• The FVX200J represents the first truly affordable anamorphic home theater solution that I've seen.
• The FVX200J is easy enough to install and adjust by yourself, though having an extra set of eyes on the projected image while you're dialing in the FVX200J's alignment doesn't hurt either.
• The ability to watch native 2:35:1 material in your home, the way the filmmakers intended, is an experience we take for granted in our neighborhood cinemas, but has to been seen to be appreciated at the home level.
• The FVX200J doesn't rob your projector of any perceivable brightness or sharpness the way some other "budget" anamorphic solutions do.
• The FVX200J's image quality is superb and works in perfect harmony with JVC branded or re-branded D-ILA projectors for a match made in home theater heaven.
• Because the FVX200J is a fixed anamorphic lens, 16:9 material loses a bit of horizontal resolution, though it's hardly noticeable.
• The FVX200J does require that you mount your projector on the ceiling at a distance of at least 12 feet from your screen. If either of these options is not feasible, you may have to look elsewhere or learn to live with black bars.
• In order to take full advantage of what the FVX200J brings to the table you'll have to invest in a native 2:35:1 screen, which means that 16:9 material will be displayed with black bars left and right, unless you invest in an auto-masking screen. While fixed 2:35:1 screens are only marginally more expensive than their 16:9 counterparts, auto-masking screens are a far costlier proposition. An affordable solution, one that I used for this review, is the Osprey Series Screen from Elite which houses both a 16:9 and a 2:35:1 screen in a single chassis.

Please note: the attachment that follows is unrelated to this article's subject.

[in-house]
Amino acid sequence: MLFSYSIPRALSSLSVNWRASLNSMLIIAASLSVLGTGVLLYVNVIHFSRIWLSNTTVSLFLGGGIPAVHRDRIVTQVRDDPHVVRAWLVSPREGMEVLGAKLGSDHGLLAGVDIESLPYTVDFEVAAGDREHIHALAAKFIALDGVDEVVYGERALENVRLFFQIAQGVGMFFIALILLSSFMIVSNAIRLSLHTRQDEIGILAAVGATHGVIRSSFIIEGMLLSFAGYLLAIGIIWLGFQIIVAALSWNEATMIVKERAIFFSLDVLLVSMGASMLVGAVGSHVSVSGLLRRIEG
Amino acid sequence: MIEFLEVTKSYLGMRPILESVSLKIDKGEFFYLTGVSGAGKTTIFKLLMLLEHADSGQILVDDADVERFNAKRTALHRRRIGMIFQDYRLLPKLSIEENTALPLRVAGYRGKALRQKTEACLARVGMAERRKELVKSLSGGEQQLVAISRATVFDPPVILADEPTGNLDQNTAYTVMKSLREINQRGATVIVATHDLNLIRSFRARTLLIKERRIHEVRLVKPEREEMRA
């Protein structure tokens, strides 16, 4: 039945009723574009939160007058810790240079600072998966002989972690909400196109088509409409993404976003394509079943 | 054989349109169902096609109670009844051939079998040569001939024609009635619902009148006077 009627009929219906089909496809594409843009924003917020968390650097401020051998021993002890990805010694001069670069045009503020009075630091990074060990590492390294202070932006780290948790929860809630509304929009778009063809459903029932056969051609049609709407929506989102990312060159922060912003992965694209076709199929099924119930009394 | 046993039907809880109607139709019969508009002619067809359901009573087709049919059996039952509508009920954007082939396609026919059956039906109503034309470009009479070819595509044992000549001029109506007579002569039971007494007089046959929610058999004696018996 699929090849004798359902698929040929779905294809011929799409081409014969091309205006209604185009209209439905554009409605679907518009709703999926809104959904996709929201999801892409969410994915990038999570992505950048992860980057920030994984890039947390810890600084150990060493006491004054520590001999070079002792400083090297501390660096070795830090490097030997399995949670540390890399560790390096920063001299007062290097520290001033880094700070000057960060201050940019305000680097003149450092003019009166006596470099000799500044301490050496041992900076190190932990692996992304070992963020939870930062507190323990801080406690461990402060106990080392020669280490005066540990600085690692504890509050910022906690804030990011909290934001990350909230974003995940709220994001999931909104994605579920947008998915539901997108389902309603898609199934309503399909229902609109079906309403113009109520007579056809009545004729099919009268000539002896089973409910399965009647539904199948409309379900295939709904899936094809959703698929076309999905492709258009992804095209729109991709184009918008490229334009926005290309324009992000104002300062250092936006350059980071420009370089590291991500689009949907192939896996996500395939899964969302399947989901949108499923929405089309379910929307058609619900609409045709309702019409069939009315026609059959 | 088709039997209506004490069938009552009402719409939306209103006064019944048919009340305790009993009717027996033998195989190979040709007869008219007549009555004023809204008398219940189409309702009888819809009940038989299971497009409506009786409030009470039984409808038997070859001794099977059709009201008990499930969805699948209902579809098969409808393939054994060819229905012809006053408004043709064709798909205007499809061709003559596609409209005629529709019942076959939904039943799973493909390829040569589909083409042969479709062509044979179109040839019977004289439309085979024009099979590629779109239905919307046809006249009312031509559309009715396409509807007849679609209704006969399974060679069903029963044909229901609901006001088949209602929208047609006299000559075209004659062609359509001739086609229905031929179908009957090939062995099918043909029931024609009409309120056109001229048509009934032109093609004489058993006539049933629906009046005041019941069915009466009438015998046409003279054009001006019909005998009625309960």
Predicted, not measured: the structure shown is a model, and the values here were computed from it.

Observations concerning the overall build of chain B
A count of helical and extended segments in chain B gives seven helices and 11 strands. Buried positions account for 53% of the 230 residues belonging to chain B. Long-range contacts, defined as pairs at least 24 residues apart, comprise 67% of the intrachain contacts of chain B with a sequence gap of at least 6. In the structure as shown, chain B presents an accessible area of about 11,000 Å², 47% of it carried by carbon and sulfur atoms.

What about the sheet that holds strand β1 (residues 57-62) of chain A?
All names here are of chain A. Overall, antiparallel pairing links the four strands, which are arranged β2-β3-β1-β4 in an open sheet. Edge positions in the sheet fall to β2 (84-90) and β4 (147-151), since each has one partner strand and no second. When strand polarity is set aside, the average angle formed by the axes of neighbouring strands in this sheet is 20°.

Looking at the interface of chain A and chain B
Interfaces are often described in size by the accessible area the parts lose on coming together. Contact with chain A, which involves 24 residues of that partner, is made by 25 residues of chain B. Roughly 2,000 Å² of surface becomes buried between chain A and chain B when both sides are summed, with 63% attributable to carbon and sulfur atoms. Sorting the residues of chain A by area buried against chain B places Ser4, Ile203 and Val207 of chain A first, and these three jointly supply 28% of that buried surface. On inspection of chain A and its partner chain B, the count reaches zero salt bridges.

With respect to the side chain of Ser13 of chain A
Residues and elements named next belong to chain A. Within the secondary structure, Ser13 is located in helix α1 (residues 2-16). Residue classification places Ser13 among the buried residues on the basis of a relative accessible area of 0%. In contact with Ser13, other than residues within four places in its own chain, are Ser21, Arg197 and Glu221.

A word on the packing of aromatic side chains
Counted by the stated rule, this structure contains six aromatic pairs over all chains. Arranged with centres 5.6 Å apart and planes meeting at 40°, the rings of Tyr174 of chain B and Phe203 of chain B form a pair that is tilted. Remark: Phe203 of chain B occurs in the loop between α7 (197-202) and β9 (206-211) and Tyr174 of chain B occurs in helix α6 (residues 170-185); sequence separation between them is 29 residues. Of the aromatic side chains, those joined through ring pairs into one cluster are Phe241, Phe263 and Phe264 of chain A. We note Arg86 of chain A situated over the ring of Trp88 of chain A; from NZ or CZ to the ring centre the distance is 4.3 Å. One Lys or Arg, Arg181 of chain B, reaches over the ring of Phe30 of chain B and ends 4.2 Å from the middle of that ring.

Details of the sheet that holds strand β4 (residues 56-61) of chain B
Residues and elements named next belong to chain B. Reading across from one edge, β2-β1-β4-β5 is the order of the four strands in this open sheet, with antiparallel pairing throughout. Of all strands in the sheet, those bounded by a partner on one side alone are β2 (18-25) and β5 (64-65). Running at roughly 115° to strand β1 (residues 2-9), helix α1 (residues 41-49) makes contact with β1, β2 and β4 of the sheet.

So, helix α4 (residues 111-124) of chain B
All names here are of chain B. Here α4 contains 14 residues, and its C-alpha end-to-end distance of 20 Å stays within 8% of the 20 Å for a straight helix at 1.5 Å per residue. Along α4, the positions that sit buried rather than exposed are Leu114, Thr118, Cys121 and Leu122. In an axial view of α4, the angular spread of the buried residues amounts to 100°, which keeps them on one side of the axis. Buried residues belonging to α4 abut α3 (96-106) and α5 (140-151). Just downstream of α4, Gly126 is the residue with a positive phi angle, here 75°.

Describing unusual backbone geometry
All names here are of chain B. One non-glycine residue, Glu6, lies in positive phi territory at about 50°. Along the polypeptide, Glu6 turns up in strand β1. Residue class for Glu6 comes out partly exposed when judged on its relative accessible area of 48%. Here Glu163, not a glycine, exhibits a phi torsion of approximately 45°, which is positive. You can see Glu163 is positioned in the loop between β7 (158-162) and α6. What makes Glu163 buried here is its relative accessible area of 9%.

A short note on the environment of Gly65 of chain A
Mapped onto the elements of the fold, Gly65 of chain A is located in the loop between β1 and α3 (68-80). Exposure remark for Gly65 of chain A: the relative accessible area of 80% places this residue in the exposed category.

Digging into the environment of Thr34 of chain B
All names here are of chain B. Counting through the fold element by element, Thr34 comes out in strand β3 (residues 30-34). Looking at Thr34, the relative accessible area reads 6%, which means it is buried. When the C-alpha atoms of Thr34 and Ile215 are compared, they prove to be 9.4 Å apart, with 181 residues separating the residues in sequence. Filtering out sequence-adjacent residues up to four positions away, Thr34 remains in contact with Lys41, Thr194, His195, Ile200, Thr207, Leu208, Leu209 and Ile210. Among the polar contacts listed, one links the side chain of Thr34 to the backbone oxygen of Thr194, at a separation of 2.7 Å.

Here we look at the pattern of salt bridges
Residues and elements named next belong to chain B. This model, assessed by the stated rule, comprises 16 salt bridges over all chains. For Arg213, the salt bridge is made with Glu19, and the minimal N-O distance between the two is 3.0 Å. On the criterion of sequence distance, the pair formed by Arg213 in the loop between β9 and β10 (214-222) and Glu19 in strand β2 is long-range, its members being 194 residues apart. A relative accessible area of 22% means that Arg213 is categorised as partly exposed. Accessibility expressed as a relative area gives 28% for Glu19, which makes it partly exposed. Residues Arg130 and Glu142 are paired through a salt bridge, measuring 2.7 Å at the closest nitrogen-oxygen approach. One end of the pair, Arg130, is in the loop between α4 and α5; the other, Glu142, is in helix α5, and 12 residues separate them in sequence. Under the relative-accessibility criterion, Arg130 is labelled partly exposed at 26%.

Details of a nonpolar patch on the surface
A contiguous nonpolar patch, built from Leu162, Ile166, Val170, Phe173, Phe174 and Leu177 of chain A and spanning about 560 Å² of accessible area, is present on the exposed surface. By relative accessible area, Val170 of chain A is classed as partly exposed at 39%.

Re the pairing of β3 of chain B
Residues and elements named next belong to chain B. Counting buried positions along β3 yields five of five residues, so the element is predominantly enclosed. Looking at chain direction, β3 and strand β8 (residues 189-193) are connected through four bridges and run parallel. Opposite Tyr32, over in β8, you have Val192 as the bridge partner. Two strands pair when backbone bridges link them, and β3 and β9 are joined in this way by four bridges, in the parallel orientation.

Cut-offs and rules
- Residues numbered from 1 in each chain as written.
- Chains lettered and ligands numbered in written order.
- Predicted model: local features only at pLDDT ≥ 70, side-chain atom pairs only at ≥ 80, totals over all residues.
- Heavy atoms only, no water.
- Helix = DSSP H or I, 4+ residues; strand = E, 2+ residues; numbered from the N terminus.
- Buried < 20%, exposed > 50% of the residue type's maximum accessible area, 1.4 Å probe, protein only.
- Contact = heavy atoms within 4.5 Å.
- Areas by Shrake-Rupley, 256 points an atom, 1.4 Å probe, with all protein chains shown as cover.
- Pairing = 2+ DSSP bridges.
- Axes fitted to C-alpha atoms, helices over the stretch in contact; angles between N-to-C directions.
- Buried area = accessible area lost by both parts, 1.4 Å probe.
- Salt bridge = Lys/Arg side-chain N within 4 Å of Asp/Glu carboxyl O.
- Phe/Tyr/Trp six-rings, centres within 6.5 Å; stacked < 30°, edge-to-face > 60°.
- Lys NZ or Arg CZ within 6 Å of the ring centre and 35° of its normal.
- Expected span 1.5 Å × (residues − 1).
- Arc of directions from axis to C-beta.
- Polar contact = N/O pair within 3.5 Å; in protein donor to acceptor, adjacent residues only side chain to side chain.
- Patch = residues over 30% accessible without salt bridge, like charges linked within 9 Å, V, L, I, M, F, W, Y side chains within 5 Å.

Comparisons and Competition
While there are other anamorphic lens systems available, Panamorph is arguably the most readily used and/or recognized. Another option however is the Schneider Kreuznach CDA 1.33x EL Anamorphic Lens. Marantz also offers an anamorphic solution, however it only works with Marantz projectors and is motorized design; not to mention it retails for far more than the FVX200J.
There really isn't an affordable anamorphic solution that competes directly with the FVX200J in the US. Sure you can spend more and get more in terms of features (i.e. motorized movement), however the FVX200J is designed to appeal to the budget conscious videophile looking to add a bit of 2:35:1 flare to their home cinema.
To find out more about anamorphic lenses and HD video projectors please visit HomeTheaterReview.com's video projection page.
The added impact and enjoyment, not to mention "WOW" factor I gleaned from having the Panamorph FVX200J Anamorphic Lens System installed in my home caught me completely off guard. You don't really realize just how much of your projector's potential and image quality is being thrown away on black bars until they're gone. While $2,995 isn't super affordable (some HD projectors cost half as much) the FVX200J is the best, most affordable anamorphic solution available today and I assure you it's worth every penny.
Before the Panamorph and the FVX200J's arrival, a true anamorphic home theater would've cost you close to $20,000 for a kickoff, but can now be had for less than $10,000. I demo'ed a system at this year's CEDIA using JVC's newest sub $3,000 D-ILA ($2,999) and a FVX200J being projected onto a 97-inch 2:35 SI Black Diamond screen. Total cost? Around $7,500. That's a tremendous value, not to mention one of the finer video demos I saw at CEDIA this year.
So despite the added costs and requirements an anamorphic setup imposes on your home theater, is the FVX200J worth the price of admission? Without a doubt, I enthusiastically recommend this product.
• Read front video projector reviews from the likes of Runco, JVC, Digital Projection and others that can take an anamorphic lens.
• Read reviews of the best video screens from the likes of Stewart Filmscreen, dpn, SI, Elite and many others.